They sat in an empty classroom at the Tulare high school farm talking embryo transplants, fertilizers and feed the way other kids talk football, cars and rock stars. They'd all seen a friend or neighbor lose their farm, they said, and all knew their parents were worried.
As for them, however, "Heck, I'm not trying to get patriotic or anything," said Kevin Gomes, a June graduate of Tulare Western High School who had just been named the Future Farmers of America's 1985 Star State Farmer for California, "but farmers have seen bad times before. Like the Depression. And everything always gets better. Now we're more efficient. We have things like embryo transplants and computers. . . ."
"Yeah, there's always going to be a need for computers," interrupted Tony Coito, vice president of Tulare Western's FFA, "just as there will always be a need for food. Listen, I've been around dairies all my life. I enjoy it. There's no other job I'd rather do."
Brad Gostanian, 18, knew he was coming on like the town rebel and he rather liked it. All the little kids--fourth-, fifth-, sixth-graders, just getting started in 4-H--looking at him, so innocent. And his buddies from Strathmore and Lindsay High School, kids he'd known from 4-H for years, they were shaking their heads, grins on their faces: You got to hand it to Brad to say what he thinks.
"My plans when I get out of high school? I'll tell you, anything but agriculture. Agriculture's not for the little farmer."
Irene Santos, 15, nodded. She understood what Brad was saying and she didn't want to spend the rest of her life on a farm either. "I'm going into ag public relations or maybe become a lobbyist for ag issues," she said.
"I like the business (agriculture). I've always been a rancher's daughter so it's not that I don't know how to work a bit. But," she sighed and glanced at Brad's brother, Russell, 15, "I see Russell and, I mean, he really believes he's going to be feeding the world."
Farmers. For years they've been viewed as sun-scorched men and women who have always worn overalls and voted conservative. If they made money, it was thanks to government subsidies and minimally paid field hands. If they lost money, they were prime-time tragic drama. (Just last year, there were three feature films: "Places in the Heart," "Country" and "The River.")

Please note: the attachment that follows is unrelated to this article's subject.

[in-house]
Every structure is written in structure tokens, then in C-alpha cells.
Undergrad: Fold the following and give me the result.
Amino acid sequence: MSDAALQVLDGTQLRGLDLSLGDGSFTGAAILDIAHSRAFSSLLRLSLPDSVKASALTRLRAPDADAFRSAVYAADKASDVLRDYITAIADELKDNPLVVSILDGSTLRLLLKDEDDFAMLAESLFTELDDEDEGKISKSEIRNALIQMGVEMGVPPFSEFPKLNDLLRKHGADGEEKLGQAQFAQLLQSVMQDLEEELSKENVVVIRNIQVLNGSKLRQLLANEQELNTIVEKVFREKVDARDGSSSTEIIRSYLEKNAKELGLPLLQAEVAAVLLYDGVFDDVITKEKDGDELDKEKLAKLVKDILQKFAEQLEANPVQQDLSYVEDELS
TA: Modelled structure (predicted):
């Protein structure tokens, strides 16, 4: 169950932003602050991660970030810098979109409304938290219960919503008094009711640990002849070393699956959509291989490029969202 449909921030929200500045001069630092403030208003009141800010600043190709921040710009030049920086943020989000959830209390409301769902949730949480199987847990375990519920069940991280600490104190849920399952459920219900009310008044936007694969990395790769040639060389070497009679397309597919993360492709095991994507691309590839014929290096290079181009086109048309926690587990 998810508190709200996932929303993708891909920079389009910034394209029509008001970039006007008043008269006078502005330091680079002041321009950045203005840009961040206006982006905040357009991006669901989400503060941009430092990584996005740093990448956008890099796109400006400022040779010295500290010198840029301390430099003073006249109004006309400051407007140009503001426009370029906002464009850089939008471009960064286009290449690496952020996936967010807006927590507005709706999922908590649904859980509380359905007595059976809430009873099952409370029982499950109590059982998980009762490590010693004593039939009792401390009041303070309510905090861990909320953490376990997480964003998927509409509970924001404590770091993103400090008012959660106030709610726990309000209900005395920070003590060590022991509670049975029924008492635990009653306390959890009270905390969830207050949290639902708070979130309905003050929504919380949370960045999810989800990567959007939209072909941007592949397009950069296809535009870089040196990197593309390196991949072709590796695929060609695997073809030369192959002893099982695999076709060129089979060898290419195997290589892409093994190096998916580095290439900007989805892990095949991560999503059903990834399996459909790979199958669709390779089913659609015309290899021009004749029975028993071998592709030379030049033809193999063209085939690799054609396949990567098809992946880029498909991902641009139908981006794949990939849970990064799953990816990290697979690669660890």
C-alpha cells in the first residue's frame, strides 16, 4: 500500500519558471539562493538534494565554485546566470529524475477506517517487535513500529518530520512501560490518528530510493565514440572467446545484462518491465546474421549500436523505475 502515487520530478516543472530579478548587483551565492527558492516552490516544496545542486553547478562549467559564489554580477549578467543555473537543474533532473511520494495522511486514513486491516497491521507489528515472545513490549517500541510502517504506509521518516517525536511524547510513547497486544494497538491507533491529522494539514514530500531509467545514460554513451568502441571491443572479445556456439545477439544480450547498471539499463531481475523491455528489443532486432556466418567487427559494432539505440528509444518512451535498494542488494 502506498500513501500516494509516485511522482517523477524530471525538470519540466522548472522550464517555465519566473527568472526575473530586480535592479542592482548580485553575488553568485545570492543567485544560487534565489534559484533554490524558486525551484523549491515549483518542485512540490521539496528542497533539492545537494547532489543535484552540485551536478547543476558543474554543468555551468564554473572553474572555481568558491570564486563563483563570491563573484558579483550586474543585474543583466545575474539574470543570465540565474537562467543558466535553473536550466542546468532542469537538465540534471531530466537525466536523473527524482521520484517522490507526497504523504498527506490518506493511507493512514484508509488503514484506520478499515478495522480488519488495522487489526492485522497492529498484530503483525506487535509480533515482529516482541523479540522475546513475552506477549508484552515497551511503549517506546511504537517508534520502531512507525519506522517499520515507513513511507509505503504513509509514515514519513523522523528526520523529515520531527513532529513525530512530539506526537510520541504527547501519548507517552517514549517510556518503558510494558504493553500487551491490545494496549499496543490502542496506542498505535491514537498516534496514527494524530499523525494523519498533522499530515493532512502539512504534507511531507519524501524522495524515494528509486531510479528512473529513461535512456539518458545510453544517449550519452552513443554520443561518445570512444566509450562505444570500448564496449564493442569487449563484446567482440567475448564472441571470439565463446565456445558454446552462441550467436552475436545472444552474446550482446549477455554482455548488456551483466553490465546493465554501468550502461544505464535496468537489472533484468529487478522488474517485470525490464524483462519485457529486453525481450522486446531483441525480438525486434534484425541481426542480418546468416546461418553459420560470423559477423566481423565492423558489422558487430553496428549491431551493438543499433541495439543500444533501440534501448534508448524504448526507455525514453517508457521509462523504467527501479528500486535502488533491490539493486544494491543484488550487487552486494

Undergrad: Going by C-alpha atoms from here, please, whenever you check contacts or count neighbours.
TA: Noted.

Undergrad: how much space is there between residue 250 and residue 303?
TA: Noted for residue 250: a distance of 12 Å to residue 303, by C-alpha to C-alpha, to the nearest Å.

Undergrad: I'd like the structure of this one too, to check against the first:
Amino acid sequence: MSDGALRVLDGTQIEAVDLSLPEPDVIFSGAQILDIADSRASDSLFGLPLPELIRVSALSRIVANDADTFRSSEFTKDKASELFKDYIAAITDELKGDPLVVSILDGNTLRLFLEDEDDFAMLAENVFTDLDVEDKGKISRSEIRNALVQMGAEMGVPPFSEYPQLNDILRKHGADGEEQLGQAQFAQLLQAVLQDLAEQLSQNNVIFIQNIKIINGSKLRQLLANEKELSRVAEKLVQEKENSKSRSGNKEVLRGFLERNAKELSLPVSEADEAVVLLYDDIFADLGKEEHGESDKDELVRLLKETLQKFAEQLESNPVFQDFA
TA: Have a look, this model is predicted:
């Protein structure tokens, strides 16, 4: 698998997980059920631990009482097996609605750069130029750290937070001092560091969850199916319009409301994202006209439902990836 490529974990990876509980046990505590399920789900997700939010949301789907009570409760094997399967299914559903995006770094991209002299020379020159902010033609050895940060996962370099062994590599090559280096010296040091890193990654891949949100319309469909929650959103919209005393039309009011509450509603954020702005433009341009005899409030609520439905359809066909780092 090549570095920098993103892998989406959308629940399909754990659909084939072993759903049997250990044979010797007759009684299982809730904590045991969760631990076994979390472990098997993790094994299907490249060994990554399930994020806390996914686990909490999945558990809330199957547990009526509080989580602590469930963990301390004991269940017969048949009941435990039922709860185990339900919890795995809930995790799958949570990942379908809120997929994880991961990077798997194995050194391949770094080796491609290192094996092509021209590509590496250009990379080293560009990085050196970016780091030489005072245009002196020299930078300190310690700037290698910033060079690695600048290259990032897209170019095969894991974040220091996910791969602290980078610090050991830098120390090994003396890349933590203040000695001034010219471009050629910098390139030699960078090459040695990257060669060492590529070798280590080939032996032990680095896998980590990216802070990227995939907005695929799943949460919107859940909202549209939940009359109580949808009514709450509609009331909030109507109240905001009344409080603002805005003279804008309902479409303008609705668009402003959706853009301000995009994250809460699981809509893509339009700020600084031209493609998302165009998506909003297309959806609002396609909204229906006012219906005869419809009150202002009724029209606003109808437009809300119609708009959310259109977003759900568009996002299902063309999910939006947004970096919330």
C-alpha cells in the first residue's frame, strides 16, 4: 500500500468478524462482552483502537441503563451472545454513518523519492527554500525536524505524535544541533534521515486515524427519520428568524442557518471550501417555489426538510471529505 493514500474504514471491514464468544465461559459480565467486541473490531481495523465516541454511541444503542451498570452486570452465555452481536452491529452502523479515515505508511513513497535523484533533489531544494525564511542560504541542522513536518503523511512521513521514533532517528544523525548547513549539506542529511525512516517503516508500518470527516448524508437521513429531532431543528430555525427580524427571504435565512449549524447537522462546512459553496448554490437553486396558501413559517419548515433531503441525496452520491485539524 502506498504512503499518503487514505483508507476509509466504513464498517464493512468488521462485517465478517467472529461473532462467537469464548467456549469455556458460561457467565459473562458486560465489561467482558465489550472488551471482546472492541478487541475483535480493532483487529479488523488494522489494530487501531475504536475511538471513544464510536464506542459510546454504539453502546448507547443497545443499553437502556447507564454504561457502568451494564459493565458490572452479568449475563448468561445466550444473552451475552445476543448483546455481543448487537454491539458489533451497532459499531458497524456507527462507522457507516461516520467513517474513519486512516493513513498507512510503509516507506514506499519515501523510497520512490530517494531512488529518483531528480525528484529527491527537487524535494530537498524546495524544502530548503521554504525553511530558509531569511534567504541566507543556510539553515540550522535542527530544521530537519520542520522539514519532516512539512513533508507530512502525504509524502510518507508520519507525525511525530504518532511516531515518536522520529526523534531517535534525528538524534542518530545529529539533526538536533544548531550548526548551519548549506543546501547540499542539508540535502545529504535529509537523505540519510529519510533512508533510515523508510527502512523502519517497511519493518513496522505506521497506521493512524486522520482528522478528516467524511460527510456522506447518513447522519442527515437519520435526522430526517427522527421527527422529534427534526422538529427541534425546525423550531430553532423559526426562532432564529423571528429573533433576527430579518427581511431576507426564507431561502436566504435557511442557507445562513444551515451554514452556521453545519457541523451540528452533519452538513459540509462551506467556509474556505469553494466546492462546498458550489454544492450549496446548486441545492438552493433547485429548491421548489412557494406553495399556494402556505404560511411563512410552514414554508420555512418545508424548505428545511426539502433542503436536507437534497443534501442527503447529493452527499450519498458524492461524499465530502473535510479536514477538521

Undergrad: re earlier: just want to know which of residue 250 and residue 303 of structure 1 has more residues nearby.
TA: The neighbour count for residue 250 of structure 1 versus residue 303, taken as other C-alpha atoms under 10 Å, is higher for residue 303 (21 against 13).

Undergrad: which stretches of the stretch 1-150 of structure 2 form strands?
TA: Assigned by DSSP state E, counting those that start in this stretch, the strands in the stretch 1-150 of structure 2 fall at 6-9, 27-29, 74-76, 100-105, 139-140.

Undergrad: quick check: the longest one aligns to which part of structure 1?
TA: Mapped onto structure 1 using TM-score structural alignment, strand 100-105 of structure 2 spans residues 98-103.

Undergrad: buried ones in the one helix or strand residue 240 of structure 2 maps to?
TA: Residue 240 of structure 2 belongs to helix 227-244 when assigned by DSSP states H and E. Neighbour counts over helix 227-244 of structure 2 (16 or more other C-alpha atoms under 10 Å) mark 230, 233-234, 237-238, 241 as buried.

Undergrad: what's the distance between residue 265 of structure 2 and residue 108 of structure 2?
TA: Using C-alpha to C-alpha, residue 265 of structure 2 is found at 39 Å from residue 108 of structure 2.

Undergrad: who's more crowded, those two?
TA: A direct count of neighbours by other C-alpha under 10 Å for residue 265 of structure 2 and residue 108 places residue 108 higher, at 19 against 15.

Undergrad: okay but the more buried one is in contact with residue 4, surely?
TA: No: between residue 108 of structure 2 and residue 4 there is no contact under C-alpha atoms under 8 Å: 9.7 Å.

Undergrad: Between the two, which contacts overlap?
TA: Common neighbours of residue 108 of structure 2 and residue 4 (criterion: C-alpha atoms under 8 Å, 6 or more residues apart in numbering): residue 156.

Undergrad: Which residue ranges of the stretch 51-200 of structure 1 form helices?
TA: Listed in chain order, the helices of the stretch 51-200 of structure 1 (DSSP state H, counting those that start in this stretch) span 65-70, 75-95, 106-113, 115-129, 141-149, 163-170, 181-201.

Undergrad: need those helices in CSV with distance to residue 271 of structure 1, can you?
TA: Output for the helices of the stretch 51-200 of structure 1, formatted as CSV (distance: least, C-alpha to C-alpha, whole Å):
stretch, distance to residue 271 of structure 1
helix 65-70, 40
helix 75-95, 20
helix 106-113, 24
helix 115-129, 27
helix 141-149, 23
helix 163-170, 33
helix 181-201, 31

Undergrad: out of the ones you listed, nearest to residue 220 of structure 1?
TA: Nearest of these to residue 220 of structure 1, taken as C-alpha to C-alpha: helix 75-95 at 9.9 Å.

Now, here are their children. Thanks to mass media, they're educationally and culturally more sophisticated than their parents. Thanks to the nature of the agricultural life style, which invariably requires participation by the entire family, they know the realities of farming.
Even in California--where agriculture is the state's largest industry and the San Joaquin Valley the largest and most fertile agricultural-producing area in the world--youths raised in Fresno, Tulare, Kings and Kern counties have no delusions. It's simply fact that the past five years have been the worst of times for farmers and there's no immediate solution in sight.
Hardly an inducement to considering a career in agriculture.
Yet in interviews with youths involved in school or extra-curricular agriculture-based programs around Tulare County, 160 miles northwest of Los Angeles, most said they saw their future in farming or some other agriculture-related field.
However, all added, they expected their lives would be much different from those of their parents.
It was mid-afternoon at the 90-acre school farm shared by Tulare Union and Tulare Western High School. The air was hot and dusty, the musty, milky odor of dairy cattle mixed with the flinty smell of the acetylene gas used in the machine shop, the grunts of cows and hogs chorusing the buzz of electric drills and welders.
Tulare tends to be dairy country, so its schools' ag department is heavy with courses in animal science and ag mechanics. Go to neighboring Visalia where cotton is grown next to citrus and a dairy might be on the other side, and its school district's vocational agriculture classes are more general--as much geared toward crop production as animal husbandry. But, reflecting changing times and needs, ornamental horticulture and landscaping are drawing more students every semester.
Max Corbett, a dairy science teacher, is Tulare Western High's FFA adviser. He and Tulare Union's FFA advisers, Frank Marinelli and Dave Caetano, had pulled in some of their best and brightest to talk about the future. All leaders in the Future Farmers of America, their conversation was sprinkled with references to such FFA activities as its leadership program, fund raising and competitive judging teams. ("Farm driving, horses, citrus--name it, and they've got a judging for it," explained Tulare Western's FFA president Frank Nunes, who went to Scotland this summer as part of a dairy cow judging team.)
They'd given it some thought, how they were different from their parents. As far as values go, their conversation indicated, those are the same: a love for the land, a belief in the work ethic and the value of family.